Military Review, March, 1995, review of Clash of Wings, p. 108.

Motor Trend, October, 1991, review of Power behind the Wheel, p. 26.

Naval War College Review, fall, 1995, review of Clash of Wings, p. 125; summer, 1998, review of Clash of Titans, p. 150.

Newsweek, February 18, 1991, review of Weapons of Desert Storm, p. 62.

New York Times Book Review, October 12, 1986, Richard Witkin, review of The Leading Edge, p. 29; November 23, 1986, Mason Buck, review of The Wild Blue, p. 24; August 27, 1989, Tom Ferrell, review of Trophy for Eagles, p. 16; November 23, 1997, Russell F. Weigley, review of Beyond the Wild Blue, p. 40; October 12, 1986, Richard Witkin, "Nonfiction: The Wild Blue Drawing Boards."

Parameters: U.S. Army War College Quarterly, fall, 1995, review of Clash of Wings, p. 118; September 22, 2004, Tami Davis Biddle, review of The Influence of Air Power Upon History, p. 154.

PR Newswire, December 14, 2005, "Walter J. Boyne Named Lyman Award Winner."

Publishers Weekly, August 29, 1986, Sybil Steinberg, review of The Wild Blue, p. 385; September 19, 1986, Genevieve Stuttaford, review of The Leading Edge, p. 130; April 8, 1988, Penny Kaganoff, review of Last Flight, p. 87; September 2, 1988, Genevieve Stuttaford, review of Power behind the Wheel, p. 94; November 25, 1988, Genevieve Stuttaford and Kimberly Olson Fakih, review of The Smithsonian Book of Flight for Young People, p. 66; May 5, 1989, Sybil Steinberg, review of Trophy for Eagles, p. 65; April 5, 1991, Sybil Steinberg, review of Eagles at War, p. 132; March 30, 1992, review of Air Force Eagles, p. 88; November 2, 1992, review of Art in Flight: The Sculpture of John Safer, p. 70; May 16, 1994, review of Clash of Wings, p. 59; April 17, 1995, review of Clash of Titans, pp. 43-44; July 8, 1996, review of Clash of Chariots: The Great Tank Battles, p. 70; April 28, 1997, review of Beyond the Wild Blue, pp. 65-66; November 10, 1997, review of The Navy Times Book of Submarines, p. 64; September 21, 1998, review of Beyond the Horizons, p. 68; April 5, 1999, review of Brassey's Air Combat Reader, p. 234; September 10, 2001, "Stars, Stripes, and Air Power," review of The Best of Wings Magazine, p. 85; July 1, 2002, review of Two o'Clock War, p. 68; May 12, 2003, John F. Baker, review of Operation Iraqi Freedom, p. 14; October 10, 2005, review of Roaring Thunder, p. 34; October 30, 2006, review of Supersonic Thunder, p. 38.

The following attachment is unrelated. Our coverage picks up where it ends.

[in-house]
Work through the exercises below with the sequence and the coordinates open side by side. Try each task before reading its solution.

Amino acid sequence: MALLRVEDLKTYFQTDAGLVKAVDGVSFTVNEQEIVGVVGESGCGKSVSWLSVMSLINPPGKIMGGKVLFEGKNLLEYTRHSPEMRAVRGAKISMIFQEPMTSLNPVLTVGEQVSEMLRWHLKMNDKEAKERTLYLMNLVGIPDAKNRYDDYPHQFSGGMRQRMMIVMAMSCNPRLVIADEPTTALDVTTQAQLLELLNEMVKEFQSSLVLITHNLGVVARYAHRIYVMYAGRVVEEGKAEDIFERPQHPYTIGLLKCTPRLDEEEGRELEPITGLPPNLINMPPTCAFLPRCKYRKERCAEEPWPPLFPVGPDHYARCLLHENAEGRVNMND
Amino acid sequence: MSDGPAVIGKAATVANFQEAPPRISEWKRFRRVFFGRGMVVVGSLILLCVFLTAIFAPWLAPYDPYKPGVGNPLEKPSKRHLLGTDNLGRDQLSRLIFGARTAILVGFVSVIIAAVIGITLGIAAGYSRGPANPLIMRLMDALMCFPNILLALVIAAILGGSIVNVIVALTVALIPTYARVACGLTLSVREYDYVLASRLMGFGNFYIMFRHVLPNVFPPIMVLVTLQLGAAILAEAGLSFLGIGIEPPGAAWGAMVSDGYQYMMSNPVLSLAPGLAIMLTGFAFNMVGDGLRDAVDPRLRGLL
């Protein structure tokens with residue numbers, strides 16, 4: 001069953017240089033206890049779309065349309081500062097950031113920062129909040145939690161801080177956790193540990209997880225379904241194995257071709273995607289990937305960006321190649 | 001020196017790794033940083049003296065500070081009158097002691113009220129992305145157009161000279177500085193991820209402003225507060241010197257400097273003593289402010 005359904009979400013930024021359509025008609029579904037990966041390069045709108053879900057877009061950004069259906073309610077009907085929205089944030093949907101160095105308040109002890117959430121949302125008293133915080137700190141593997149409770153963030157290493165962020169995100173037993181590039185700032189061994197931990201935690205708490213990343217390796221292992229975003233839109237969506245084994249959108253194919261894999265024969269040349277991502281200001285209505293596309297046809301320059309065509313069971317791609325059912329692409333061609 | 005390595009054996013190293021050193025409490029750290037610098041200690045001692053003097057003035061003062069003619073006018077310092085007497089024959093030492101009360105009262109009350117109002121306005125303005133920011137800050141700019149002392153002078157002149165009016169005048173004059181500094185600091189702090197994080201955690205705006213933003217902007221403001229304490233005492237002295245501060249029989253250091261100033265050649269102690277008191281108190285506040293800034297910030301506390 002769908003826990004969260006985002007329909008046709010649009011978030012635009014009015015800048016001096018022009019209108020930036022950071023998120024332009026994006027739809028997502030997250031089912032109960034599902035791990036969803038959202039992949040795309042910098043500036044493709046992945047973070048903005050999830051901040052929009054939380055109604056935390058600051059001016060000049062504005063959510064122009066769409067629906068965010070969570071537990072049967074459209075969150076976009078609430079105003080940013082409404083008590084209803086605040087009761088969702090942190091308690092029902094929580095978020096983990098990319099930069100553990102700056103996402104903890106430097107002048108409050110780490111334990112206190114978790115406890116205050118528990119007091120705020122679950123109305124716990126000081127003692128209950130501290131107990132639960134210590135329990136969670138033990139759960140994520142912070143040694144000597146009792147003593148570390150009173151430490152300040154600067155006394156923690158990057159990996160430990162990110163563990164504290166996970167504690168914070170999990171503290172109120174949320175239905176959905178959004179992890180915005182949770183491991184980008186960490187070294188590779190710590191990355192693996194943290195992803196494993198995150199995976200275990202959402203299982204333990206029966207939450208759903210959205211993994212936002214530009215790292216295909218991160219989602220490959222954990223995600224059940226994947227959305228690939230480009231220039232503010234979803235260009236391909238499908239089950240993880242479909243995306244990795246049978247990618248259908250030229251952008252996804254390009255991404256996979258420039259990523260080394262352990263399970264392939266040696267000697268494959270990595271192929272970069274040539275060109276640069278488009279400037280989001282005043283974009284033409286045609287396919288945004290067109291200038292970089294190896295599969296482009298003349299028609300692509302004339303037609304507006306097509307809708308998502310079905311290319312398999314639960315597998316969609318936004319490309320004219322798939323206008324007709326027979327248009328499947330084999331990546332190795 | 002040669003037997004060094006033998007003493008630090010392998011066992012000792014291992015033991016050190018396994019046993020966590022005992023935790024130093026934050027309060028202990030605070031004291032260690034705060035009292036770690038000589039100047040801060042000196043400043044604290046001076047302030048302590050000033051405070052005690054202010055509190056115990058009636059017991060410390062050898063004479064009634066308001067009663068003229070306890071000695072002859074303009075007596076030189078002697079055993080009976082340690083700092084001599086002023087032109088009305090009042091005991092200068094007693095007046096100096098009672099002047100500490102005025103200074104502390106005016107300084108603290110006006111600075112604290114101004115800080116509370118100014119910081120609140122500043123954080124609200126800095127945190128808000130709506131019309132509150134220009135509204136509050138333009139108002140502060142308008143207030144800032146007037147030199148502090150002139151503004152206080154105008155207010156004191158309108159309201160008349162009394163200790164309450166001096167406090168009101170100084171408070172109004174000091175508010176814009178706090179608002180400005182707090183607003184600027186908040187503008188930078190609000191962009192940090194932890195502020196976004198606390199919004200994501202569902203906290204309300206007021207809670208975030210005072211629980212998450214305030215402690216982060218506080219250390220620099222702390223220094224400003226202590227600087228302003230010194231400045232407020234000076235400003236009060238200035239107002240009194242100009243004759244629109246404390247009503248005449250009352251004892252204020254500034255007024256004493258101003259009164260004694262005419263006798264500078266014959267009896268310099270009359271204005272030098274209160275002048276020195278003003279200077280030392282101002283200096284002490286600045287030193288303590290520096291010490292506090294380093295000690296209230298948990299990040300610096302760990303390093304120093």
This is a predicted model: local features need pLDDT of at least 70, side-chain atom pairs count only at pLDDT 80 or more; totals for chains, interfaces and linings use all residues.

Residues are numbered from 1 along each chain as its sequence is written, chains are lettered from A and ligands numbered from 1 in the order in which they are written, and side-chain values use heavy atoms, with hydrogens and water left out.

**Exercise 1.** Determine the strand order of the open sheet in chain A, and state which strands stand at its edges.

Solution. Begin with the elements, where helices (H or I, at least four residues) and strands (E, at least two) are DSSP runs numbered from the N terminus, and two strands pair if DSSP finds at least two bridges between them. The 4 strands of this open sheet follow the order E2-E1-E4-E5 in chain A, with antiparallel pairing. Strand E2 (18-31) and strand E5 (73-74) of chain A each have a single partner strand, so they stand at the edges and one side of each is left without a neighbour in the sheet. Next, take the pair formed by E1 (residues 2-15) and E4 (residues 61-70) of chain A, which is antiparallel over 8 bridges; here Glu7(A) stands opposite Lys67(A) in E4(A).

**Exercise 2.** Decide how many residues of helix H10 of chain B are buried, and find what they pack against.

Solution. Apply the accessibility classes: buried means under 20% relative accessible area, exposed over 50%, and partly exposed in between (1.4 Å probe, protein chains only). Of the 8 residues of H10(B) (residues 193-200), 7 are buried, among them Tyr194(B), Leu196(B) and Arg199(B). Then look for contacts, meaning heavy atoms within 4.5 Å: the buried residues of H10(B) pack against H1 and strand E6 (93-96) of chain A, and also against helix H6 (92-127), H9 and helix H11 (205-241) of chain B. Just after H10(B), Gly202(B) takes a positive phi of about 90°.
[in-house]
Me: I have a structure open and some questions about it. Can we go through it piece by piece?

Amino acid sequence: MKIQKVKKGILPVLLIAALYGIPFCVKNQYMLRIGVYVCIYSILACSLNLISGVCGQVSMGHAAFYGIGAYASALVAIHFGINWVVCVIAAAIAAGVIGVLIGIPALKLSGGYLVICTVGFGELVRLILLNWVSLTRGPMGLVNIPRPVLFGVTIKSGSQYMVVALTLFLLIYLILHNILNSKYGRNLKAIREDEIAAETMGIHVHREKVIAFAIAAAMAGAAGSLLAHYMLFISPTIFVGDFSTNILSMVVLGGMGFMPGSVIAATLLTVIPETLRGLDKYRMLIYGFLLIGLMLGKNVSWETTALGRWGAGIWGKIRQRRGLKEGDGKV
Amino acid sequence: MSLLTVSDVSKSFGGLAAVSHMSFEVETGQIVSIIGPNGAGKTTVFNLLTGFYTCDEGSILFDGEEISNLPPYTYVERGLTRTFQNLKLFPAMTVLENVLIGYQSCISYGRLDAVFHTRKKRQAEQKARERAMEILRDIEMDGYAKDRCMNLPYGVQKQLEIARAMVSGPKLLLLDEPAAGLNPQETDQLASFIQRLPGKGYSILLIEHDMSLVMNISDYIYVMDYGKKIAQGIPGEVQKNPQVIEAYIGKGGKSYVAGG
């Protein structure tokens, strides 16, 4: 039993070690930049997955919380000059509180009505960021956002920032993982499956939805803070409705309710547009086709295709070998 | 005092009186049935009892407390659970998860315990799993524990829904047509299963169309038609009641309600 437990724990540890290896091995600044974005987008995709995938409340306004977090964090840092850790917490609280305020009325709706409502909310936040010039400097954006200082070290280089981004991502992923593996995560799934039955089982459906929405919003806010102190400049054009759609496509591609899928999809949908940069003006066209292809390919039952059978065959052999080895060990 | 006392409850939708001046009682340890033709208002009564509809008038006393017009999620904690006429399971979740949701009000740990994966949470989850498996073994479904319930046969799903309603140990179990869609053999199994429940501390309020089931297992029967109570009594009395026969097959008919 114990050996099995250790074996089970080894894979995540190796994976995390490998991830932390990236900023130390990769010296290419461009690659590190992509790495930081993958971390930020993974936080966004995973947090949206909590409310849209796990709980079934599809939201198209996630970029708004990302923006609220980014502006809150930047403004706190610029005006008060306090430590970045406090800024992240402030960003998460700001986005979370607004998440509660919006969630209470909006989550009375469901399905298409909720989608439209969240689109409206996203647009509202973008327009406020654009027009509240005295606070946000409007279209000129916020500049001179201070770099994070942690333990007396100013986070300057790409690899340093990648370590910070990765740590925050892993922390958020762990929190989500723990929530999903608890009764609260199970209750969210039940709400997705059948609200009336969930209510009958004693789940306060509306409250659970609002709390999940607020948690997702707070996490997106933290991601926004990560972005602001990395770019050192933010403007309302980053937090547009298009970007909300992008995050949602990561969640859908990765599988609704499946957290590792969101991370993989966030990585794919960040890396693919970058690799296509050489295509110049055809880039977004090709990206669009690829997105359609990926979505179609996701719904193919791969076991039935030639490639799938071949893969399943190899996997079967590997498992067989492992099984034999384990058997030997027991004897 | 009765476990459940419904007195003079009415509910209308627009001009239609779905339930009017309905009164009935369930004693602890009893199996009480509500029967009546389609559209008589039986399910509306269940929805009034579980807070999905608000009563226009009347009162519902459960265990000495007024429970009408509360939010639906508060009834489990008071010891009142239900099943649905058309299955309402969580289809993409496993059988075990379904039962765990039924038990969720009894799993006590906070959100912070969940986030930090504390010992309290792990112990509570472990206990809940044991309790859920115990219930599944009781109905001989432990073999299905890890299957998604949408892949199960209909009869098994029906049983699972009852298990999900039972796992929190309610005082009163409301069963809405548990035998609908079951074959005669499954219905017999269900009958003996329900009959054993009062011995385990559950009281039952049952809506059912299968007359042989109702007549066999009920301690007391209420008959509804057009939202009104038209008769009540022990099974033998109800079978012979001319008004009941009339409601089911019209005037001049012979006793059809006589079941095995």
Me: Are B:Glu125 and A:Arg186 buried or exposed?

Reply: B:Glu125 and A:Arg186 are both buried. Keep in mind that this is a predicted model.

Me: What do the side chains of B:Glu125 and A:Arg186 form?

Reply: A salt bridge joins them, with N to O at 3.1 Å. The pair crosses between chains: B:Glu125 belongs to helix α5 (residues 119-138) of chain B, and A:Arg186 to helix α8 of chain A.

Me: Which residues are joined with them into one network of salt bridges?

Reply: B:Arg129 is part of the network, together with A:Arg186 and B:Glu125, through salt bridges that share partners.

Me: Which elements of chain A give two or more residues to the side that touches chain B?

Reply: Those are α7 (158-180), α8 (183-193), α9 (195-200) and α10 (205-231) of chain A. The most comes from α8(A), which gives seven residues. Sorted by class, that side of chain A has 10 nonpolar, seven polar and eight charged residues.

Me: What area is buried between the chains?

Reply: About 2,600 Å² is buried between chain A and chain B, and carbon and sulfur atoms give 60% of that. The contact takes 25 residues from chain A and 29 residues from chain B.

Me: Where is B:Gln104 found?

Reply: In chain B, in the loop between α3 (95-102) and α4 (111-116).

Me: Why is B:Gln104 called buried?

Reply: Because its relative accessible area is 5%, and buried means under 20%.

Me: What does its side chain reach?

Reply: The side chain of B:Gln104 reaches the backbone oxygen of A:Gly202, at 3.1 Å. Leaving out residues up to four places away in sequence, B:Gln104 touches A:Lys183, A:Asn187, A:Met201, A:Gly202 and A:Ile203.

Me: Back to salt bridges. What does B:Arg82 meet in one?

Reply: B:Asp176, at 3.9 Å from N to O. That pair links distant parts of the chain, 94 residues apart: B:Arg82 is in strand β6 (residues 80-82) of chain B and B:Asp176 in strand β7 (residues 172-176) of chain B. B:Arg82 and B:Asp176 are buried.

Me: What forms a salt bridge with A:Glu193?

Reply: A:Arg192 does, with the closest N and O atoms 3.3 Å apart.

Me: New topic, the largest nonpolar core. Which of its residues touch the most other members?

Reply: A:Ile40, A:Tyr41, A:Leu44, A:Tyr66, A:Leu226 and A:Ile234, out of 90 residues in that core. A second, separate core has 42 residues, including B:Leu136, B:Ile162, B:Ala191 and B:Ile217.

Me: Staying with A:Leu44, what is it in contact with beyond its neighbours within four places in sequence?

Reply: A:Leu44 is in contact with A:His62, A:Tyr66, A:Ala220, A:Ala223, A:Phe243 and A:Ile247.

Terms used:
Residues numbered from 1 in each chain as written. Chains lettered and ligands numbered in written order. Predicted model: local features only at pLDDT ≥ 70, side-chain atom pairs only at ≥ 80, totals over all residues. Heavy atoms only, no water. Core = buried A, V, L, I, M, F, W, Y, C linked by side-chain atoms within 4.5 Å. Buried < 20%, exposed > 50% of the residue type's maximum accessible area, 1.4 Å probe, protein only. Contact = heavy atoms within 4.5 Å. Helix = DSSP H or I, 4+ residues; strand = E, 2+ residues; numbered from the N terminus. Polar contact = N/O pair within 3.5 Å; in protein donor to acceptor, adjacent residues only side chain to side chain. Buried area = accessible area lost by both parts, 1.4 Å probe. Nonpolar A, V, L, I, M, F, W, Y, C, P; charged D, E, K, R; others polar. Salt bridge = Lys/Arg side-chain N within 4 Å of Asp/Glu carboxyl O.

Reading Teacher, May, 1989, review of The Smithsonian Book of Flight for Young People, p. 730.

Reference & Research Book News, December, 1988, review of Power behind the Wheel, p. 30; February, 1998, review of Beyond the Wild Blue, p. 168; August, 1999, review of Brassey's Air Combat Reader, p. 179; August, 2001, review of Aces in Command, p. 256.

Road & Track, May, 1989, Jonathan Thompson, review of Power behind the Wheel, p. 105.

Russian Life, January 1, 2004, review of Rising Tide, p. 61.

School Library Journal, February, 1987, Rita G. Keeler, review of The Leading Edge, p. 100; December, 1987, Trevelyn E. Jones, David Gale, and Lillian N. Gerhardt, review of The Leading Edge, pp. 39-40; January, 1989, Dennis Ford, review of The Smithsonian Book of Flight for Young People, p. 96; October, 1991, Pat Royal, review of Eagles at War, p. 160.

Science Books & Films, May, 1987, review of The Leading Edge, p. 308; May, 1989, review of The Smithsonian Book of Flight for Young People, p. 303; special edition, 1998, review of The Smithsonian Book of Flight for Young People, p. 55.

SciTech Book News, December, 1986, review of The Leading Edge, p. 36; March, 2001, review of German Aircraft and Armament: Informational Intelligence, Summary No. 44-32, October 1944, p. 176; December, 2001, review of The Best of Wings Magazine, p. 175.

Social Education, April, 1989, review of The Smithsonian Book of Flight for Young People, p. 235.

Technology and Culture, April, 1990, Charles K. Hyde, review of Power behind the Wheel, p. 314.

Tribune Books (Chicago, IL), December 4, 1988, review of Power behind the Wheel, p. 14; May 17, 1992, review of Air Force Eagles, p. 6; October 30, 1994, review of Clash of Wings, p. 6.

Voice of Youth Advocates, April, 1989, review of The Smithsonian Book of Flight for Young People, p. 51.

Wall Street Journal (Eastern edition), June 1, 1995, John Lehman, review of Clash of Titans, p. A12.

Washingtonian, June, 1989, Howard Means, review of Trophy for Eagles, pp. 76-77.

Washington Post Book World, July 22, 1984, review of Vertical Flight, p. 12; October 5, 1986, review of The Wild Blue, p. 10; July 2, 1989, review of Trophy for Eagles, p. 4; December 6, 1989, review of The Smithsonian Book of Flight, p. 17; June 23, 1991, review of Eagles at War, p. 12; July 30, 1995, review of Clash of Titans, p. 13; January 17, 1999, review of Beyond the Horizons, p. 6.

ONLINE

Air & Space Power Chronicles Web site,http://www.airpower.maxwell.af.mil/ (November 20, 2002), Walter Klose, review of Silver Wings.

Walter J. Boyne Home Page,http://www.air-boyne.com (June 15, 2007), author biography.

Wings over Kansas,http://www.wingsoverkansas.com/ (June 15, 2007), author profile.